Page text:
Azerbaijan has a three-tier court system - courts of first instance, appellate courts and a cassational court. Courts of first instance are the district (municipal) courts of general jurisdiction, local administrative-economic courts, and military courts.
It should be emphasized that the Azerbaijani court system is undergoing a critical stage of transition and reform from Soviet type "just courts" to an independent and modern judiciary. Vital steps, such as the reappointment of judges and recent legal reforms are underpinning this process. It is safe to say that the Azerbaijani system is becoming more relevant and appropriate for an open market economy.
Courts of general jurisdiction address disputes arising out of civil, family, or land-related matters, use of natural resources, environmental protection, tax, administrative and other matters, where at least one of the parties to a dispute is a physical person without the status of a sole proprietor, or, if he has such status, the dispute which arose is unrelated to the carrying out of his entrepreneurial activity.
The administrative-economic courts consider cases in respect of economic disputes arising from civil, administrative and other legal relations between legal entities and physical persons with the status of sole proprietors. Pursuant to a Decree of the President, the Economic Court of Appeals was liquidated and the regional appellate courts were established in the cities of Baku, Ganja, Sheki, Sumqayit and Shirvan.
The decisions of the appellate courts can be further appealed to the court of cassation. The civil board of the Supreme Court considers appeals filed in respect of the decisions of the boards for civil cases of appellate courts. The administrative-economic board of the Supreme Court reviews the decisions of the boards for administrative and economic cases of appellate courts. The cassational court is located in Baku.
Enforcement procedures set forth in the Law “On the Execution of Court Orders” apply to judgments of Azerbaijani and foreign courts, as well as to international arbitration and foreign arbitration awards.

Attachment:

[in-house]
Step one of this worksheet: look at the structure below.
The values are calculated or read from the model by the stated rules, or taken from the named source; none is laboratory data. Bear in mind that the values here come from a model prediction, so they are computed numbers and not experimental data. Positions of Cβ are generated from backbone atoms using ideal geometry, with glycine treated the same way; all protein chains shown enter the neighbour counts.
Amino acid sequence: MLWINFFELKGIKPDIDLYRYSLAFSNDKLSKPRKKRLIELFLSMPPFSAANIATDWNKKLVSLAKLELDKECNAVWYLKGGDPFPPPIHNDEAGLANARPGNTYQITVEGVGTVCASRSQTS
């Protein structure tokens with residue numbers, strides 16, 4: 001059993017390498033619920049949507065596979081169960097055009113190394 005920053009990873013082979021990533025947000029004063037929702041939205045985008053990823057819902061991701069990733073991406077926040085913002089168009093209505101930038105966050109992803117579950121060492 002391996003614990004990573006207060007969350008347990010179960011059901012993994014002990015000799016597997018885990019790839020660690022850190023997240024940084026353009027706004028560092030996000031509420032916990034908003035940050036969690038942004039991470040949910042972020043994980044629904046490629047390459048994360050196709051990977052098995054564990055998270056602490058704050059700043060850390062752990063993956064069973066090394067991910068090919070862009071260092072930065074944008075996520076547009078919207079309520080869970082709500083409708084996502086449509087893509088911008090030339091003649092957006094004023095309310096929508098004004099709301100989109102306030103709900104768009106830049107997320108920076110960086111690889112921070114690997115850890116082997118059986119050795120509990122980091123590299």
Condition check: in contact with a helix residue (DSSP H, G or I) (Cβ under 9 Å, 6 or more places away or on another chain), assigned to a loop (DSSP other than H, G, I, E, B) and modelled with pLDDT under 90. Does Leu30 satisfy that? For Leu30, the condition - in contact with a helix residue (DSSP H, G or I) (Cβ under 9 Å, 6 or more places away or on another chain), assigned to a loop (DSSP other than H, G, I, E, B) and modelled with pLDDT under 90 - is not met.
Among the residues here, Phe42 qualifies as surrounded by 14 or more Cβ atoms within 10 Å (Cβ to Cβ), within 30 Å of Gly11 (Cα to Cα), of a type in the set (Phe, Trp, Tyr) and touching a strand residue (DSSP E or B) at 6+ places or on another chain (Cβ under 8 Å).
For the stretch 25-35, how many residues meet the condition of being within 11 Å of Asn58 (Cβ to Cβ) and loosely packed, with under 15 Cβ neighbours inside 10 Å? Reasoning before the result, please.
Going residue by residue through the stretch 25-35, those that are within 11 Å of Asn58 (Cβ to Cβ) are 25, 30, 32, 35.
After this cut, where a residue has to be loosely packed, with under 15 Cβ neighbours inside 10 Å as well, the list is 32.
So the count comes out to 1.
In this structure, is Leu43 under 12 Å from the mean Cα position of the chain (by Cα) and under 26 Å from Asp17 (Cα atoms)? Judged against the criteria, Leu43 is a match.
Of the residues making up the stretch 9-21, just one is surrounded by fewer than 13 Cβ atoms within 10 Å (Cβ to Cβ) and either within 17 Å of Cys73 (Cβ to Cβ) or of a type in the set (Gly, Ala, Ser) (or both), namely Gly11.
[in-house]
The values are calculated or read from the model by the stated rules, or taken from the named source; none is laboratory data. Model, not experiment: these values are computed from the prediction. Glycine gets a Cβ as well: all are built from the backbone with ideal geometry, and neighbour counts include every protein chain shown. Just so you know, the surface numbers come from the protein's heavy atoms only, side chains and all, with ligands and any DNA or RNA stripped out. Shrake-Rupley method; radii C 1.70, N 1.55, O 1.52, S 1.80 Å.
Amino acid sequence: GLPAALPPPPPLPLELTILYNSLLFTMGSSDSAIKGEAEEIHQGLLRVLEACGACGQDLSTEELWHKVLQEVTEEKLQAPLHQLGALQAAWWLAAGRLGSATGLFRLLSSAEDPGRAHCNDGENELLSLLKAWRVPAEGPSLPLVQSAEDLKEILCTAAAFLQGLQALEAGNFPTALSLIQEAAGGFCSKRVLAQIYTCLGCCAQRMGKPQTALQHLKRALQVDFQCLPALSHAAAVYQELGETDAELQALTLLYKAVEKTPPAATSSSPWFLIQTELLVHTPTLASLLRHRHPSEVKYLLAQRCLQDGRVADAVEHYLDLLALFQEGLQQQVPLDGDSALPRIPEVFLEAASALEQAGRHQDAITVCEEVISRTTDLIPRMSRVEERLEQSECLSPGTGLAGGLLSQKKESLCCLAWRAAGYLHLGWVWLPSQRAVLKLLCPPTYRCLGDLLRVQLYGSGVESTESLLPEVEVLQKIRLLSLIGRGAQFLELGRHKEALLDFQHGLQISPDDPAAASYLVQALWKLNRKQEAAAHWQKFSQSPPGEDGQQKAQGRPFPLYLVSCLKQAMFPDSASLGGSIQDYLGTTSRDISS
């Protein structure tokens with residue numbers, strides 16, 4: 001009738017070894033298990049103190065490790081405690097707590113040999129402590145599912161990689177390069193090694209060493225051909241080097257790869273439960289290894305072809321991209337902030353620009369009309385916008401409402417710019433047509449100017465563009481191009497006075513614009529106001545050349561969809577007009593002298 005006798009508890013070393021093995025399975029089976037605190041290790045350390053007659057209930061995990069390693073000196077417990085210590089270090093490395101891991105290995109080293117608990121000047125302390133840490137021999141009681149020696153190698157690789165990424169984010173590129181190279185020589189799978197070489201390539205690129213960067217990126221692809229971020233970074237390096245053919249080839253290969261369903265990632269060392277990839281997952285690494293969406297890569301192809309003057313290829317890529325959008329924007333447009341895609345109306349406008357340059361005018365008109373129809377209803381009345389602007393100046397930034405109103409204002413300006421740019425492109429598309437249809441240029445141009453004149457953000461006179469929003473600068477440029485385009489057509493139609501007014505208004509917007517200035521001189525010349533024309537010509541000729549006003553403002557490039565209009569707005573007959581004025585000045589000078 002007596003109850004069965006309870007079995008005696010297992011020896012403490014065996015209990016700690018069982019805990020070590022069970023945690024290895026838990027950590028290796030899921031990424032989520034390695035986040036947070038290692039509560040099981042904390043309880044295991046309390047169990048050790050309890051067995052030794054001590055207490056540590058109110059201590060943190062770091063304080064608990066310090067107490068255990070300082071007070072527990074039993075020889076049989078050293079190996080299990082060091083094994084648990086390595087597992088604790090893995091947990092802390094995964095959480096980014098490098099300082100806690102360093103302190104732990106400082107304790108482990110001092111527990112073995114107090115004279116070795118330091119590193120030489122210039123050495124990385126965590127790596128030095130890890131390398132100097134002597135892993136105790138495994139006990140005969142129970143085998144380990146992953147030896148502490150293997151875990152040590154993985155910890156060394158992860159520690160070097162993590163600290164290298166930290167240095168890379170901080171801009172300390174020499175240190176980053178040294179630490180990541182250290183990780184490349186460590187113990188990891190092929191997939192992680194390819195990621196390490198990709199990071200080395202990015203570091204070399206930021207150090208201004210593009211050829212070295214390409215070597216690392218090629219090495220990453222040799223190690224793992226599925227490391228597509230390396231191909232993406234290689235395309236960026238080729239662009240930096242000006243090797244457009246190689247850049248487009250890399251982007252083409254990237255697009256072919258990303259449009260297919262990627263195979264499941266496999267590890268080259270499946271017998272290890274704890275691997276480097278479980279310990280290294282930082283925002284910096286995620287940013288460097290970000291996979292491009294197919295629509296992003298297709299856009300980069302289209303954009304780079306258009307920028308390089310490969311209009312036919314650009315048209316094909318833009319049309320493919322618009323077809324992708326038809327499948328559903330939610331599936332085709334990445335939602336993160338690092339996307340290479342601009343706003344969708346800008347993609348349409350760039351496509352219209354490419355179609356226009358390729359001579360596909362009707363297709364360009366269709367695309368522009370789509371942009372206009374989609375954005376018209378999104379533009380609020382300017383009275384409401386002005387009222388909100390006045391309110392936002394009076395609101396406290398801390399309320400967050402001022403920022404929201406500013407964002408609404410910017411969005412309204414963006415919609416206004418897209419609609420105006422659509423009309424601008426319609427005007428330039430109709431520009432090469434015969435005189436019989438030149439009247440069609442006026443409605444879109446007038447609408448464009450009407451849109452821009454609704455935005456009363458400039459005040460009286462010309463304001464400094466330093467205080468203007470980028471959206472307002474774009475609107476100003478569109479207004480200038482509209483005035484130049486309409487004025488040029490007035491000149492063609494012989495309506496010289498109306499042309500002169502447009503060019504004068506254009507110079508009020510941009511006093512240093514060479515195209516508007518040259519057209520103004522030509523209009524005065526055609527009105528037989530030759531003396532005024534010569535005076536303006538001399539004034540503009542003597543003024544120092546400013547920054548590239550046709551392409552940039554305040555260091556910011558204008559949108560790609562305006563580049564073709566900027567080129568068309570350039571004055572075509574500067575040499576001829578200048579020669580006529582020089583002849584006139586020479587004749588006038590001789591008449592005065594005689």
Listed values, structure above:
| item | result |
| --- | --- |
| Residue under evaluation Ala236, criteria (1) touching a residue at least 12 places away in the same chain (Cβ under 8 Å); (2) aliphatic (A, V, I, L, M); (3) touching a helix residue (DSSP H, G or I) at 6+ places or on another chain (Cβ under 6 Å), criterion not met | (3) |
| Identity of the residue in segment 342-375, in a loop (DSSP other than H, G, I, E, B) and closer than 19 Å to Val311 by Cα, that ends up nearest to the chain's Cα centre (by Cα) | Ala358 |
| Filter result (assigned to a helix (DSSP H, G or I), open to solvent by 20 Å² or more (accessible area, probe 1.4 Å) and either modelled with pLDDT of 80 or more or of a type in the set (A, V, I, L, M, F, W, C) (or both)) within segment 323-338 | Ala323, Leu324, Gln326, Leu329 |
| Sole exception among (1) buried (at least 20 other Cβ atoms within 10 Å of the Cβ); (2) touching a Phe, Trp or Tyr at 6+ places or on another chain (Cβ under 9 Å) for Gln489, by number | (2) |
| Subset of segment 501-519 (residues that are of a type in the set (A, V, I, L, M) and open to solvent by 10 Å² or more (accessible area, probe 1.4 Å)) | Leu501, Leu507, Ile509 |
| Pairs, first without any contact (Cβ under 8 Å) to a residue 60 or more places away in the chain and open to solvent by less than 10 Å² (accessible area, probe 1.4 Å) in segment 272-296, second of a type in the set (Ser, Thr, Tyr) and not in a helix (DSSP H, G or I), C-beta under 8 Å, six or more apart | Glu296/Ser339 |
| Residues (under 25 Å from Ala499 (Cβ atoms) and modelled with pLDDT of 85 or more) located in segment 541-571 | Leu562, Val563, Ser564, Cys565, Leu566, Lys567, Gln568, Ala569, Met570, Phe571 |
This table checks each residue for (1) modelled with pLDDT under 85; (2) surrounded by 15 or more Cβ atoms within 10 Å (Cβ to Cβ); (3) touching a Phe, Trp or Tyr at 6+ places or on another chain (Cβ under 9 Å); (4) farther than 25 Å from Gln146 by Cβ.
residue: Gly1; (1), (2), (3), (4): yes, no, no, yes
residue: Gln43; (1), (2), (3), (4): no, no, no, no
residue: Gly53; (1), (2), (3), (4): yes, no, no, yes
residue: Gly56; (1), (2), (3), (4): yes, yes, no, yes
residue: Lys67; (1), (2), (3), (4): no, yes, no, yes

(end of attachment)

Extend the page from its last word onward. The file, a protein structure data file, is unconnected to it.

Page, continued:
The following documents have the status of execution orders:
* court orders (e.g. judgments of Azerbaijani courts, interim orders, awards of international arbitration courts and tribunals, decisions of courts of foreign states and arbitration courts);
* notarized agreements concerning the recovery of alimony and collateral in a mortgage agreement;
* execution notes of notaries;
* decisions of state bodies (officials) authorized to consider cases relating to administrative offenses;
* mortgage lists issued under the agreements for the mortgage of immovable property;
* decisions of other state bodies when provided by law.
* protests against the failure to pay under a promissory note;
* administrative acts issued by municipalities and administrative acts for payment of money issued by other administrative bodies;
* short-term protection orders of state bodies (officials) authorized to consider cases relating to domestic violence.
The documents should be submitted to a bailiff for execution within the following periods:
* writs issued in accordance with courts decisions and courts orders – one month;
* writs issued in accordance with resolutions of courts on provisional relief – immediately;
* execution notes of notaries and decisions of bodies (officials) authorized to consider cases on administrative offences-ten days;
* writs issued in accordance with decisions of international arbitration court and arbitration tribunals and decisions of courts of foreign states and arbitration courts - three years;
* short-term protection orders - immediately.
Failure to voluntarily execute the appropriate decisions triggers enforcement. The following are enforcement measures:
* foreclosure and subsequent sale of assets;
* garnishment of salaries and similar payments;
* foreclosure on the debtor's assets in the possession of third parties;
* seizure of the debtor's assets with subsequent transfer to the claimant.